The AP master file is the report of all unpaid vouchers. Have the computer generate an exception report of all items past their due date and not paid. Account for pre-numbered checks. Print exception report with any missing sequences. Cutoff Independent Bank Reconciliation on a monthly basis.

23 Cash Disb Controls (existence)
Validity Computer will automatically check for duplicate payments of specific voucher/vendor’s invoice so it is not paid twice. Controls over access to cash Computer will not process payment without recording of the voucher. Key control is over validity of voucher. Pay only vendor’s on authorized vendor list. Control ability to put vendor on list. Segregation of duties between making changes in approved vendor list, recording payable and disbursing cash.

24 Cash Disb Controls (valuation)
Valuation at historical cost Issue: The check is written in the proper amount. Computer compares check amount, plus purchase discount, to voucher amount. Requires additional authorization for paying different amount. Authorization procedures for signing checks of certain sizes. Valuation at NRV Not applicable to transactions. Posting and Summarization Run to run totals on disbursement’s journal. Compare sum of A/P subsidiary ledgers with control account in the general ledger

25 Cash Disb Controls (R & O)
Ownership Controlled by controlling voucher.

26 Cash Disb Controls (P & D)
Classification Exception report where controller reviews all transactions not charged to accounts payable and cash. Have managers review items charged to their budgets to determine that items are properly charged to their accounts. Disclosure Do not expect control here.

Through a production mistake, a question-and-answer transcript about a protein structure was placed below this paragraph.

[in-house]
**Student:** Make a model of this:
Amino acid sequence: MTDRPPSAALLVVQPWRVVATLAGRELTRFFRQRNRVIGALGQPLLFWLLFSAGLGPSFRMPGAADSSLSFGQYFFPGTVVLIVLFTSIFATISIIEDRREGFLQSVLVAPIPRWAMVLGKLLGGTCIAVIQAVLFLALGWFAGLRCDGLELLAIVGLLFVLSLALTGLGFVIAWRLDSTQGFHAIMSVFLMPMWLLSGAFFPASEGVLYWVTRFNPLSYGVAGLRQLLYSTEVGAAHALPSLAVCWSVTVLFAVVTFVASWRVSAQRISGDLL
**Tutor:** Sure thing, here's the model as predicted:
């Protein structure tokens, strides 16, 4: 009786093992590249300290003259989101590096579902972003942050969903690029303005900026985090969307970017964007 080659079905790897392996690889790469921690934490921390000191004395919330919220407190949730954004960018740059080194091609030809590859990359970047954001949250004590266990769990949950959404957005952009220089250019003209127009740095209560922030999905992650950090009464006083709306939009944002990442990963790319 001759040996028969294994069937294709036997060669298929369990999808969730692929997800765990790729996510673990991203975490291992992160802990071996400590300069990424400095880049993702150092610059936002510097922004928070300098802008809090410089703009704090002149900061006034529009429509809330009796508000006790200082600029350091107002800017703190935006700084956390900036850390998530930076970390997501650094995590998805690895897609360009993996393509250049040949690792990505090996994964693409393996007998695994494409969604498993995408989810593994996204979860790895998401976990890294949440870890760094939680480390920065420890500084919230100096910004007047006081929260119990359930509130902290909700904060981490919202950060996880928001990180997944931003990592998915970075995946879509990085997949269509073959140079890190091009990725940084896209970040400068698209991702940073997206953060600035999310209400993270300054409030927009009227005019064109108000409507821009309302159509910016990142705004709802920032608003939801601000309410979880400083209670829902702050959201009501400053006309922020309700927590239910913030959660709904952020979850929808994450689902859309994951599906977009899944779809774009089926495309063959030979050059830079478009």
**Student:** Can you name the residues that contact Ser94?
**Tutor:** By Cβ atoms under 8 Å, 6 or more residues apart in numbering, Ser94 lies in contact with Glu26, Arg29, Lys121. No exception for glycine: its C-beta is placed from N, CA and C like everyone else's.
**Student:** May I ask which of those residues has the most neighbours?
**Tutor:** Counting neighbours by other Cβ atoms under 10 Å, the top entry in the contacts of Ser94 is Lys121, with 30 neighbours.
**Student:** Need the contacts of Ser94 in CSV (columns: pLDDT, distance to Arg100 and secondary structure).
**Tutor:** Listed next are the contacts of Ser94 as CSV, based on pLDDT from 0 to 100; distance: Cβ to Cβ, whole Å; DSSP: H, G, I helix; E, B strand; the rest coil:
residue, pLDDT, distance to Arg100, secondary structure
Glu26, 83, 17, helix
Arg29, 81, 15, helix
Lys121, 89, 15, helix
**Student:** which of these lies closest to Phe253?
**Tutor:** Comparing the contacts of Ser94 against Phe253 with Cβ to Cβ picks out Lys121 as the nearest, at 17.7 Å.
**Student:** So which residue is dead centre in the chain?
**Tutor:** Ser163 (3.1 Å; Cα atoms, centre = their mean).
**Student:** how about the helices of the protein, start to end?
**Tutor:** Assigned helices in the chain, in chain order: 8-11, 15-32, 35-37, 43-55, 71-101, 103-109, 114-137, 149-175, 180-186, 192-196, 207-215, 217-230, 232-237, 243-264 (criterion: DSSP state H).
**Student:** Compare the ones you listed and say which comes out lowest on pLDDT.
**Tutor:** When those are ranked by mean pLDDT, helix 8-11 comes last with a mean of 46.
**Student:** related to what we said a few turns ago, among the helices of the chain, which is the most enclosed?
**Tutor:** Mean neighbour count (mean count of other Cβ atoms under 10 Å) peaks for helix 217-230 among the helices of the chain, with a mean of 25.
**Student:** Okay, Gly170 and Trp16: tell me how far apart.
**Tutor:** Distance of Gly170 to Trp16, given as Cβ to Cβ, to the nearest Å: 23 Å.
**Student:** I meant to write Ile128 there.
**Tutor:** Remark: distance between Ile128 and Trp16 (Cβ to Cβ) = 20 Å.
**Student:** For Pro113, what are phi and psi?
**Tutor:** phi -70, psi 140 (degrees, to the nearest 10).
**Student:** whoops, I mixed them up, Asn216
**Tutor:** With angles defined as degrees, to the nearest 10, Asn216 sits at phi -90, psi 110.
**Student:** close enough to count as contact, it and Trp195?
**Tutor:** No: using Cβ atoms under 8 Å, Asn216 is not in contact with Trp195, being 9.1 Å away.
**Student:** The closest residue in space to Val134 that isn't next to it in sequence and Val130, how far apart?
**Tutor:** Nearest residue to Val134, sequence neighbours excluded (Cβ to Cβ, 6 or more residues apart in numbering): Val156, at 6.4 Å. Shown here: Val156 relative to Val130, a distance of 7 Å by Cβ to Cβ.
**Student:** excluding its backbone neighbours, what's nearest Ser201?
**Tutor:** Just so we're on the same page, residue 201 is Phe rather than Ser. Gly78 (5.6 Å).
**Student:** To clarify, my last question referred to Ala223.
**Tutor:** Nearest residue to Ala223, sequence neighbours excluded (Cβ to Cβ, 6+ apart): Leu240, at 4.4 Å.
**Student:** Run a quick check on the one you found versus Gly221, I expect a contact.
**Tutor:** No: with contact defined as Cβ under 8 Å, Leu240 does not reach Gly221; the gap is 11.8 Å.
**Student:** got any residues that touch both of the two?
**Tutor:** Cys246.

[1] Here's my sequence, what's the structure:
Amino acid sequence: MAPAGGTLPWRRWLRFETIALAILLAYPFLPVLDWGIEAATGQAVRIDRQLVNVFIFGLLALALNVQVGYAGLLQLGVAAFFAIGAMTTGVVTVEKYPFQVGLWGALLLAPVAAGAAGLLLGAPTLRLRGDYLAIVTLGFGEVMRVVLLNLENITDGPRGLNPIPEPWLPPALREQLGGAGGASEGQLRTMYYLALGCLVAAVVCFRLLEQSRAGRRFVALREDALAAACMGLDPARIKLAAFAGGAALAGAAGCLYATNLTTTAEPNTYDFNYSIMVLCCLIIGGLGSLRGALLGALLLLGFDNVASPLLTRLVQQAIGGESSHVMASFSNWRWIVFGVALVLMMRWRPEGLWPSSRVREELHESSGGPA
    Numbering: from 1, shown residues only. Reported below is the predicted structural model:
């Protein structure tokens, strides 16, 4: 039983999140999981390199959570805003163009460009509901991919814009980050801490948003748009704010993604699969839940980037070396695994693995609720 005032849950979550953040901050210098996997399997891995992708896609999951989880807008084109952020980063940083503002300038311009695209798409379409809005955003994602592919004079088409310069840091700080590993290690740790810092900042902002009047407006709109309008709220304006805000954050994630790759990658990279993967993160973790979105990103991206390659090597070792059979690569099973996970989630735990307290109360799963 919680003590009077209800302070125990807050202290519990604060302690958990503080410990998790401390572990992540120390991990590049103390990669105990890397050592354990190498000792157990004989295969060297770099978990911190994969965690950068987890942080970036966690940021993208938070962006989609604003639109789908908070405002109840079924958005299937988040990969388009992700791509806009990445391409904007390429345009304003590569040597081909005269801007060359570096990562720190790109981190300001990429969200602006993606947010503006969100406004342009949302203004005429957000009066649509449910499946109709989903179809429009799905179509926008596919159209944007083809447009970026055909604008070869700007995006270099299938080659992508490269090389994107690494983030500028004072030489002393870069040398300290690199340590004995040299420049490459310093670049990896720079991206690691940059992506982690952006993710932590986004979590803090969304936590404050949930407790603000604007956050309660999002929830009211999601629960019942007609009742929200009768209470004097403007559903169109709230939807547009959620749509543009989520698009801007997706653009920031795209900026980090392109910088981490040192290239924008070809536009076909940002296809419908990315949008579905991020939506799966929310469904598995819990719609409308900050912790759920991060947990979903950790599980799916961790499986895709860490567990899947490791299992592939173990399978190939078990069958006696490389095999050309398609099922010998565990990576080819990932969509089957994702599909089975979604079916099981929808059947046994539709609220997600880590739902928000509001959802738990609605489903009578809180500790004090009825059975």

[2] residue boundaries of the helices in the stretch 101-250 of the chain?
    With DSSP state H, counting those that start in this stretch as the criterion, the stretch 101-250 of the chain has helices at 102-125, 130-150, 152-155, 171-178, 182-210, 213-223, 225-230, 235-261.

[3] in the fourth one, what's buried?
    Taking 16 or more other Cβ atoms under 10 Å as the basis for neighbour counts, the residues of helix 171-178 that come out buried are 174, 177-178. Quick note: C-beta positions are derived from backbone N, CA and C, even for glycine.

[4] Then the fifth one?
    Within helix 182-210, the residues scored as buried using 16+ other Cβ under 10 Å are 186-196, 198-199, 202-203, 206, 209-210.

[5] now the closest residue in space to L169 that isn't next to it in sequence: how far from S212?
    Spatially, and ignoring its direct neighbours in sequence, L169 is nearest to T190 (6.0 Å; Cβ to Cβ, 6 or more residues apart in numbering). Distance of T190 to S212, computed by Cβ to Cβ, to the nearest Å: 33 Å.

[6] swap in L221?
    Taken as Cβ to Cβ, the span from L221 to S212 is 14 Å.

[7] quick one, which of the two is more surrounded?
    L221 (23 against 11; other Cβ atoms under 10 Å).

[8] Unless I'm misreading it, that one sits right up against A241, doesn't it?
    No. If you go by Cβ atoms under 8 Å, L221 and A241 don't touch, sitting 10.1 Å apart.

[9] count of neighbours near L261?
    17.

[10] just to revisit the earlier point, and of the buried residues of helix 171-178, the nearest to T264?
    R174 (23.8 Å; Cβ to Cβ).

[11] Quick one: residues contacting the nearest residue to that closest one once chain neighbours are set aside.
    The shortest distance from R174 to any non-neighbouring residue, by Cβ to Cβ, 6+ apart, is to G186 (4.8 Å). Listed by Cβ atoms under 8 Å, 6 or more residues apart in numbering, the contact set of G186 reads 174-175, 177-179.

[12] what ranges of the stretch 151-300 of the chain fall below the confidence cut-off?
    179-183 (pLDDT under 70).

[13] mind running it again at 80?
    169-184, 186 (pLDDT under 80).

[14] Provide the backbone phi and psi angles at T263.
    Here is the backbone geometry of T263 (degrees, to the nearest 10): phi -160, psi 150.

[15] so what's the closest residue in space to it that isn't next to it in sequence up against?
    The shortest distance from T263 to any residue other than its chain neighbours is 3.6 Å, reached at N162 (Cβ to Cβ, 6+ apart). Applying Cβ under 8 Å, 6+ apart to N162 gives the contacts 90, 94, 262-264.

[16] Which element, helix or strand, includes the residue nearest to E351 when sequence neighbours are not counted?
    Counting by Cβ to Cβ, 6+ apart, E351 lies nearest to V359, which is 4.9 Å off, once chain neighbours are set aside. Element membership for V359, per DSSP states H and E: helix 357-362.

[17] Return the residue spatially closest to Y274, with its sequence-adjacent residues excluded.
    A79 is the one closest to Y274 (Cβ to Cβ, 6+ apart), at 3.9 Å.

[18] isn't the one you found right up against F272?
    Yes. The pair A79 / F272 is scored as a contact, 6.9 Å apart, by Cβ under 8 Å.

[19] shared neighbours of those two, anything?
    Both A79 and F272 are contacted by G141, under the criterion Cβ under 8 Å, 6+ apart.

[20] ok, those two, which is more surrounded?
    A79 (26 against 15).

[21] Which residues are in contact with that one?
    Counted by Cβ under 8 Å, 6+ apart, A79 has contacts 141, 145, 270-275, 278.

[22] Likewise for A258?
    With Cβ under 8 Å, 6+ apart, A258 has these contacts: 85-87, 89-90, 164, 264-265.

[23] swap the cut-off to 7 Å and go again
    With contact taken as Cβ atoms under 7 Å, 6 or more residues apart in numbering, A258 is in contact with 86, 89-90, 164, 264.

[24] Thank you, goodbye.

27 Accounts Payable: Determining Detection Risk
Inherent Risk Major concern is understatement. Analytic Procedures Risk Control Risk Control risk over purchases Control risk over disbursements Use audit risk model to solve for test of details risk – How much more comfort do we need?

28 Accounts Payable: Standard Substantive Tests
Initial substantive procedures Agree beginning balance to prior year workpapers Agree subsidiary ledger to general ledger Computer scan of all transactions and balances for unusual items. Rank order payables by size or aging Computer analysis of voucher register (consider fraud assessment procedures here)

29 Accounts Payable: Standard Substantive Tests
Analytical Procedures Liquidity ratios look too good Significant change in accounts payable turn days Understand the company’s ability to generate cash flow from operations Is accounts payable growing at about the same pace as inventory growth?

30 Accounts Payable (completeness) Substantive Tests
Search for unrecorded liabilities (primary test) Subsequent cash disbursements (checks & wires) Unpaid invoices Cutoff Obtain listing of last receipts at inventory observation and trace to recording of payable Search for unrecorded liabilities This also ties in with cash disbursements cut-off

31 Accounts Payable (existence) Substantive Tests
Validity Consider confirmation based on risk of misstatement: This is a costly procedure Significant number of purchase returns (returns to vendor?) Review vendor’s statements

32 Accounts Payable (valuation) Substantive Tests
Valuation at historical cost Subsequent payment of Accounts Payable Confirmation of Accounts Payable Review of Vendor’s Statements Valuation at N.R.V. Not an issue with liability Posting and Summarization See initial procedure where this is tested substantively.

33 Accounts Payable (R & O) Substantive Tests
Ownership Ownership tests are risk based. Key is internal controls that ensure that only the transactions of the entity are recorded in books. Ties with cut-off procedures. Do they have title of purchases they have not recorded as liabilities?

34 Accounts Payable (P & D) Substantive Tests
Presentation Review A/P for debit balances that should be reclassified Review proper classification of trade payables, related party payables, etc. Disclosure Review financial statement disclosures against disclosure check list

35 How this all fits together: The Audit Risk Model
AR = IR x CR x AP x TD AR = IR x AP x CR x TD Top Down Bottom Up